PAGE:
Jerome David Salinger’s novels and works have recurring themes of self-discovery, love, communication, and loss of innocence. Many of Salinger’s recurring themes, ideas, and characters appear to find their roots in autobiographical incidents. As mentioned in his brief biography, Salinger was in the army for six years so he witnessed many casualties and experienced loss. Many of Salinger works are set in the postwar era and he often incorporates his knowledge and experiences in his work to illustrate society’s realities. His writing style involves vulgar language,frequent use of irony and understatement, and allusions which are sometimes difficult for readers to understand. Furthermore, in his writing Salinger uses some characteristics of postmodernism. A writer may sometimes bring out a piece both of modernism and postmodernism without consciousness of putting it into which classification. Jerome David Salinger wrote in mostly modernism but he uses some apparent postmodernism characteristics such as the the peculiar language and narrative, the characterization of an anti-hero which is totally against tradition, alienation and fragmentation which permeats in the narration of the novel. However, most of Salinger’s work is still considered as Modernism. Essentially, Sallinger ‘s experiences influence his writing style, making him a Modernist author.

The Catcher in the Rye and Modernism

The Catcher in the Rye by Jerome David Salinger is considered a novel categorized as part of the Modernism movement with some apparent Post-modernistic characteristics. Jerome David Salinger utilizes his writing style, characters, and plot to reflect the movement. The Catcher in the Rye primarily features 17 year old protagonist Holden Caulfield who starts off the novel saying he does not intend to share his life story. Currently in a mental hospital, Holden recalls the events from last christmas. Expelled from yet another school out of four, Holden goes to New York where he struggles to find a place in society. Through his narration from fragmented viewpoints, use of allusions, and a sense of alienation, Jerome David Salinger establishes The Catcher in the Rye as a work of Modernism.

Allusion is a brief reference to a literature piece, which the modernists authors uses for a better understanding. Holden Caulfield is a common reader of books and is very familiar with literature. Holden’s familiarity to literature results in his constant use of allusions throughout the novel. Holden starts off the novel with the fact that he would not be talking about where he was born, his childhood, and his parent’s occupation. He sums all of this with an allusion, “all that David Copperfield kind of crap” (Salinger 1). He’s alluding to David Copperfield written by Charles Dicken. Charles Dicken typically wrote in a poetic way, very detailed, using lots of satire and humor. Holden explains he is not going to be write in such detail because his parent are not “very touchy” and he does not even talk about personal stuff to his own brother. Another literary allusion was made to book written by Ring Lardner. Holden narrates:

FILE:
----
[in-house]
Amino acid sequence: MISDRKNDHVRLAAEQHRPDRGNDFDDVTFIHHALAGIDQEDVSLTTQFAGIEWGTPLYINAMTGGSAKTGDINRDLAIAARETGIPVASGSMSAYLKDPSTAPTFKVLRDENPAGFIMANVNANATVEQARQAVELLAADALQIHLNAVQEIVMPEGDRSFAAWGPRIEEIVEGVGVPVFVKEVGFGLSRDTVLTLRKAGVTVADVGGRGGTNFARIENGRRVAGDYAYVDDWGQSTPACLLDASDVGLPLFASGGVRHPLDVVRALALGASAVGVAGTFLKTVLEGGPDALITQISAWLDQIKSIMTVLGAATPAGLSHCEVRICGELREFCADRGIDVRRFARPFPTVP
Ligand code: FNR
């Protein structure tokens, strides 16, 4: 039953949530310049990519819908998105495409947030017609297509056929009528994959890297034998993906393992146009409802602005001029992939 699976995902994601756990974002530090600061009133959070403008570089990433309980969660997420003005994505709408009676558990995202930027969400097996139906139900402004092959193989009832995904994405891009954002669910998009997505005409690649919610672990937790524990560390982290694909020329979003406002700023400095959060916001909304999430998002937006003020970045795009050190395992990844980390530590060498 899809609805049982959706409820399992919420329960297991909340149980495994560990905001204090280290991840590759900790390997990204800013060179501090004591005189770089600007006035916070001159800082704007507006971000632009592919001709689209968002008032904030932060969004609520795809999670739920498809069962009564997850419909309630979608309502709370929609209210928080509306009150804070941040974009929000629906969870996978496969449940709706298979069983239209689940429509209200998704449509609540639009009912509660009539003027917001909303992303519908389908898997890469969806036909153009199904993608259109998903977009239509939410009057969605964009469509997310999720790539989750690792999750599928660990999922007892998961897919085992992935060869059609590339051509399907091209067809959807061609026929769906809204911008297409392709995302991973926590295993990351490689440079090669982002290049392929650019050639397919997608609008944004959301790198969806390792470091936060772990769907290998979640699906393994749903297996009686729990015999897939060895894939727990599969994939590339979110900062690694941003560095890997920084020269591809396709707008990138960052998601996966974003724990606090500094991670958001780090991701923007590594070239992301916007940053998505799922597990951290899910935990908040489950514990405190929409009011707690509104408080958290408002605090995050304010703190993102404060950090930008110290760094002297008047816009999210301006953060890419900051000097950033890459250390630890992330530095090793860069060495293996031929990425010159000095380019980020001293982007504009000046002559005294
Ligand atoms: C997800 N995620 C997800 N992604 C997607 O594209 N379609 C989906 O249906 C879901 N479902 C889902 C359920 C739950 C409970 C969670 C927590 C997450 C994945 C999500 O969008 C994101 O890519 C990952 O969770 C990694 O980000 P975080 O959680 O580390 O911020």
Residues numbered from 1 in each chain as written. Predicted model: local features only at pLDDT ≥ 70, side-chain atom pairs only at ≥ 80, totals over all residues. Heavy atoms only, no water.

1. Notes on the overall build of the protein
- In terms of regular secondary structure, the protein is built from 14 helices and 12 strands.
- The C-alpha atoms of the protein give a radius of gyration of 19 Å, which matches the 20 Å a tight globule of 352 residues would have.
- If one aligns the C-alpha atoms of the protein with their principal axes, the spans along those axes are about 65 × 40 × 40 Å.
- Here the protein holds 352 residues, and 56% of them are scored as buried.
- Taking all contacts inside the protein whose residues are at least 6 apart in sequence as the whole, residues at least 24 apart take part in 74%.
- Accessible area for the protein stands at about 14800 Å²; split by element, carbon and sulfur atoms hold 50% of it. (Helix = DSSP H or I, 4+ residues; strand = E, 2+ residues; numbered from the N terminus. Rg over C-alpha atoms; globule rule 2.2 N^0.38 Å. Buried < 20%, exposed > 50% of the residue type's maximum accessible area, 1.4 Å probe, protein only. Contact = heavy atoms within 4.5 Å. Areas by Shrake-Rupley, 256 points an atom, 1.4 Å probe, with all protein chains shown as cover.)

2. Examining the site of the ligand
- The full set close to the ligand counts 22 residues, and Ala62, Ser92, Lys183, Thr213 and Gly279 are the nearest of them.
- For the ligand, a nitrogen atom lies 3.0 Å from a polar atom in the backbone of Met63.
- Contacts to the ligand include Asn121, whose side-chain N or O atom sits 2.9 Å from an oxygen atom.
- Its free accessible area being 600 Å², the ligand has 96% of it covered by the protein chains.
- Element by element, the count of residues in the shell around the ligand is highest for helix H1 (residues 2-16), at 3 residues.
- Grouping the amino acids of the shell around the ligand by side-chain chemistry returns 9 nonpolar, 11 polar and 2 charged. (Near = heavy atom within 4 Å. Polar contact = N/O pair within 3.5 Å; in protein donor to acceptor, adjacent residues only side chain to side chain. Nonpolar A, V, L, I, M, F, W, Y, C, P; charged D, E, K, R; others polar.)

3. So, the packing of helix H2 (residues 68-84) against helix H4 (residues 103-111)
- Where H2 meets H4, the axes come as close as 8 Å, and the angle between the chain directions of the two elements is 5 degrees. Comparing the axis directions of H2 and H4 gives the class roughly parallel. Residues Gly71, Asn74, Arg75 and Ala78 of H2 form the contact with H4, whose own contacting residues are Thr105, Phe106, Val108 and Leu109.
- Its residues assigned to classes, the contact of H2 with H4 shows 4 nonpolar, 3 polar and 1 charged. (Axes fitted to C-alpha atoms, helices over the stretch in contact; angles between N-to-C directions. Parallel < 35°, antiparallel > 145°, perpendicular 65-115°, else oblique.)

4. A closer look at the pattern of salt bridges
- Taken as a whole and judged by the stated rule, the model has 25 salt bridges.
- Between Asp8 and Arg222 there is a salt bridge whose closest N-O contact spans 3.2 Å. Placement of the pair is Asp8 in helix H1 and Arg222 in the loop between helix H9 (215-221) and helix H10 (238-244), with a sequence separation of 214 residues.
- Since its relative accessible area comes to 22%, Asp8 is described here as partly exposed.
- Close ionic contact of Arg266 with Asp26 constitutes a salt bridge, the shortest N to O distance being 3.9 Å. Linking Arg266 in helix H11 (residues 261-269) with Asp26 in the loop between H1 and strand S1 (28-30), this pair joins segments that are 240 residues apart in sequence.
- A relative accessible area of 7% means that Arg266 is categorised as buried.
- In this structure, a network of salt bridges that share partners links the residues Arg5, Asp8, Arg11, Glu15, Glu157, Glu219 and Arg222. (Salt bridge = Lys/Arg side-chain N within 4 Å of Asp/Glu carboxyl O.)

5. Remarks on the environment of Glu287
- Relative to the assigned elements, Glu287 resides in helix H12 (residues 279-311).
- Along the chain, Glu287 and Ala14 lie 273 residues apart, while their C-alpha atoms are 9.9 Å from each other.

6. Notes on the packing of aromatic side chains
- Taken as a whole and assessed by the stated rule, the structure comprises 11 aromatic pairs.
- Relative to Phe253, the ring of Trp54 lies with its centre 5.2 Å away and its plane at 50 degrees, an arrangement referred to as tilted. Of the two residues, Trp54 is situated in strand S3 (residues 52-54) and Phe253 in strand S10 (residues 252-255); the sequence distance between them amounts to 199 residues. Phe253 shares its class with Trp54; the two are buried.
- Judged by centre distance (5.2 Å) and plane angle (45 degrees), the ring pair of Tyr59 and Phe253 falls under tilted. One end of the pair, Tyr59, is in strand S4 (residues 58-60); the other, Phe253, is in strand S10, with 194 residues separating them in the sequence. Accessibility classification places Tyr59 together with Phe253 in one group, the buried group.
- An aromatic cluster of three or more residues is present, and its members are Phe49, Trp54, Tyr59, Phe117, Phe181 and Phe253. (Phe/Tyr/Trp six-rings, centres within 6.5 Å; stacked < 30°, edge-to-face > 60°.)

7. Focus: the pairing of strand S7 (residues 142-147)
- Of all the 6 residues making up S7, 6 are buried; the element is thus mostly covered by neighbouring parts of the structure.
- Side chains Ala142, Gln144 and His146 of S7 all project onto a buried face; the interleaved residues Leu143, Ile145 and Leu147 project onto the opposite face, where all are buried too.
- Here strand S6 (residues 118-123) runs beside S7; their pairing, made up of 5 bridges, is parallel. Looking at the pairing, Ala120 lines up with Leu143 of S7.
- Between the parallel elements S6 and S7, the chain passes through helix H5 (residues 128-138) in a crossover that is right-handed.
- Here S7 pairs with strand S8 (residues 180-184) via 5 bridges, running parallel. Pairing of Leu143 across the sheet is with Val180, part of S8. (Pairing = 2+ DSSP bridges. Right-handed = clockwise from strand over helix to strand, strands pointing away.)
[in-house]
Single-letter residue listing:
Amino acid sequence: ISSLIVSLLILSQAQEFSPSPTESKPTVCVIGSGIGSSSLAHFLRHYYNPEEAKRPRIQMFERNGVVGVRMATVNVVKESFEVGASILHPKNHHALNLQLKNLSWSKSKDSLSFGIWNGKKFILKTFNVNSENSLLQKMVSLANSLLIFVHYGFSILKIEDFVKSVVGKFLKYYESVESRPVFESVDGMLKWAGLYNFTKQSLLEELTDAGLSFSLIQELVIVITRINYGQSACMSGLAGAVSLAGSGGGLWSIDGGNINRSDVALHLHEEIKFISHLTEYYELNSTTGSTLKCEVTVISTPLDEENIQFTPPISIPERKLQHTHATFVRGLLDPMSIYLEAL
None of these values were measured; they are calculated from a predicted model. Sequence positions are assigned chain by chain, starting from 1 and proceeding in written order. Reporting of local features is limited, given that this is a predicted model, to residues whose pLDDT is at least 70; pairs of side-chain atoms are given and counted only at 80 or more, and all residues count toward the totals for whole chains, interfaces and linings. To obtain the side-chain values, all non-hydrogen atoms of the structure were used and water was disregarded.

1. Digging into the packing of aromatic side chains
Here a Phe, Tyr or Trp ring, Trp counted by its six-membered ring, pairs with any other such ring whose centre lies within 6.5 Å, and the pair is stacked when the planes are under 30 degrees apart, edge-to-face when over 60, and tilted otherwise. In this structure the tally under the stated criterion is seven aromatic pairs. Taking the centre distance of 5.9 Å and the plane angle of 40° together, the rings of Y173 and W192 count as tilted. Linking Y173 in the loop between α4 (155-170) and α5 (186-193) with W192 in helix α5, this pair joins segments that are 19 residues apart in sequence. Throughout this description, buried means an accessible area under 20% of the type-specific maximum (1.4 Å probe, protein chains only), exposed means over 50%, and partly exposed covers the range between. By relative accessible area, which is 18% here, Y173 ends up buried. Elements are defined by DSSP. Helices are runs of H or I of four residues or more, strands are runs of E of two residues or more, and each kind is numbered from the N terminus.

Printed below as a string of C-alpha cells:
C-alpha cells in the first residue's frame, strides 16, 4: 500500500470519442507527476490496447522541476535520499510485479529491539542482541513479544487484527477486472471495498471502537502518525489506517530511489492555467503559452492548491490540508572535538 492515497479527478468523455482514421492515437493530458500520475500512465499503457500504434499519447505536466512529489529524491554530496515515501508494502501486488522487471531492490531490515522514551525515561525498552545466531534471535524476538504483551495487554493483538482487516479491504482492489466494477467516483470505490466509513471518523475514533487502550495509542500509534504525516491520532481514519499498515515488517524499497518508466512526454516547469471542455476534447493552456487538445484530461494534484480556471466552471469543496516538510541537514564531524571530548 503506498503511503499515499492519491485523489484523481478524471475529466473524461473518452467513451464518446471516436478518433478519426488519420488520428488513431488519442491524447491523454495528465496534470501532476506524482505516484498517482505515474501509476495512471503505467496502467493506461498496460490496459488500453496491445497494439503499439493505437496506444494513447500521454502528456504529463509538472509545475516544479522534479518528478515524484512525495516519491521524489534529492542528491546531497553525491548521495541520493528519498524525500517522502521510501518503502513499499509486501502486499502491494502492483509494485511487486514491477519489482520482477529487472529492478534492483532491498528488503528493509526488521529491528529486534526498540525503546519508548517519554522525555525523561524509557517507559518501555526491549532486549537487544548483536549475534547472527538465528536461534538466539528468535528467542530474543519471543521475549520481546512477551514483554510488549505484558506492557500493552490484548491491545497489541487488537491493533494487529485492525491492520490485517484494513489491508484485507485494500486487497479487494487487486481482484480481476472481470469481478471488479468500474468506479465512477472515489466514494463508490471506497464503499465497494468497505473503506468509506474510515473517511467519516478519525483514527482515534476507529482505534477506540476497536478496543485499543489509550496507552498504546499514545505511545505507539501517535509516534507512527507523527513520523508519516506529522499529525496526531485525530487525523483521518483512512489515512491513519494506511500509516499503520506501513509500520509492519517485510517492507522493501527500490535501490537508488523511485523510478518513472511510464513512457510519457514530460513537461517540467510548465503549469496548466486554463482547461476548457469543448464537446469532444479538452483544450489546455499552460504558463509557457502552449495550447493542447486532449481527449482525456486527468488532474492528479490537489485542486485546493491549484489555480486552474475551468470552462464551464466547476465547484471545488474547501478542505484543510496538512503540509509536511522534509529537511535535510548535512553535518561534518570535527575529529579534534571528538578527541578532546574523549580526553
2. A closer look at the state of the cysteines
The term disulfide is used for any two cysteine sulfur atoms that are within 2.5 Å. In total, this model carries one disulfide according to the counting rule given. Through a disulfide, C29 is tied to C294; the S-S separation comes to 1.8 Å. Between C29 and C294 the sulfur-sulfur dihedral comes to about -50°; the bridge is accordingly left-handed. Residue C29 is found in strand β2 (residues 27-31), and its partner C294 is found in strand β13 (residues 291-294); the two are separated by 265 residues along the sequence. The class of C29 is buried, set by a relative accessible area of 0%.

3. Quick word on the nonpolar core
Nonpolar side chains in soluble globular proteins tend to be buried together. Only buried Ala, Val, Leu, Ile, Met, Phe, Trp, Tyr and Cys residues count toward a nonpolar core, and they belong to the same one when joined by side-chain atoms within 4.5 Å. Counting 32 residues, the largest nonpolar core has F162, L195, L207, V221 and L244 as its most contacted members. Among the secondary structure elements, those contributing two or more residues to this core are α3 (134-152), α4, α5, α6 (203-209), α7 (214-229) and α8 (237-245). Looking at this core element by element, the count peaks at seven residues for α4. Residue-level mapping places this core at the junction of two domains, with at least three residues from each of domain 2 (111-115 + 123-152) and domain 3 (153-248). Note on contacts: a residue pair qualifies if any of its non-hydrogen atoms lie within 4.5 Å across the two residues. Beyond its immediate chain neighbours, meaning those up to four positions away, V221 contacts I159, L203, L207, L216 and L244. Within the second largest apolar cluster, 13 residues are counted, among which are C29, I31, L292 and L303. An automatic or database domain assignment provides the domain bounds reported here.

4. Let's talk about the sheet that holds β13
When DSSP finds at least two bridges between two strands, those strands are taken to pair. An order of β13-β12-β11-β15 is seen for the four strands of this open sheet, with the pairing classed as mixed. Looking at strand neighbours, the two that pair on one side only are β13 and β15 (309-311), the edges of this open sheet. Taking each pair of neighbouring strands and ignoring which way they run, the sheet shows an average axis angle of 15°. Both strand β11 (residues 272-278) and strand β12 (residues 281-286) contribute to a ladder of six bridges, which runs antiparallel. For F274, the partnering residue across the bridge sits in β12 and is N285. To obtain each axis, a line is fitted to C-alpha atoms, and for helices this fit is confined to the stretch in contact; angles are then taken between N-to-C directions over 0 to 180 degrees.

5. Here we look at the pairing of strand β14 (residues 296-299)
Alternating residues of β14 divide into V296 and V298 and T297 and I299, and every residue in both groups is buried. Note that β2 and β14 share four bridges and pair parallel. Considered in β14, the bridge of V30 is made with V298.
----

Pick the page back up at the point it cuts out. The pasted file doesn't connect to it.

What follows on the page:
“What really knocks me out is a book that, when you’re all done reading it, you wish the author that wrote it was a terrific friend of yours and you could call him up on the phone whenever you felt like it. That doesn’t happen much, though. I wouldn’t mind calling this Isak Dinesen up. And Ring Lardner, except that D.B. told me he’s dead” (Salinger 10).

Holden felt he shared a similar personalities with Lardner due to the fact they are both entertained by sarcasm. Lardner would typically write short stories that were featured in the magazine. Lardner wrote a lot of satire and was described as a sarcastic individual. Furthermore, towards the end of the novel, Holden overhears a kid singing the lyrics to the song ‘If a body catch a body coming through the rye’ written by Robbie Burns (Salinger 62). This song is a major allusion to Holden’s character. Holden explains he wants to be a ‘catcher in the rye’ who protects children from falling alluding to the theme of perseverance of innocence. In Modernism, allusions are a broadly effective communication tool as it forces readers to make connections towards the meaning intended by the author. Therefore, Jerome David Salinger uses the element of allusion throughout the novel which make The Catcher in the Rye a piece of Modernism literature.

Narration through fragmented viewpoints is a characteristic central to Modernism. In the Catcher in the Rye, the narrative strategy is known as pseudo-oral. Pseudo oral describes the narrative strategy when the narrator keeps interrupting his or herself and tends to address the audience familiarly. Also the narrator does not shy away from expressing their feelings and views emphatically, thus setting themselves off from the typical narrators of literary texts. The first-person point of view also affects the narration because readers are subjected to the narrator thoughts and opinions. In the novel, as Holden Caulfield talks to Sally Hayes, about his hatred of things that make him feel “lousy” (Fibingerova). He is interrupted by Sally, and he comments, “Don’t shout, please,” old Sally said. Which was funny, because I wasn’t even shouting” (Salinger 70). Readers would believe Holden, however, a similar incident happens with Carl Luce. When Holden gets passionate about a subject, he begins to yell without realizing it (Fibingerova). Holden has no intention of gaining self-awareness and readers make the mistake of blaming other characters because of the limited viewpoints. The disparity between his perceptions and the evidence provided by other characters suggests a lack of self-awareness that is a product of poor mental health (Hühn). Holden has a very pessimistic and depressed outlook of society. In another scene of the novel. Holden is awakened by Mr. Antolini, embarrassed, he quickly runs away, but later he begins to “think” about the incident: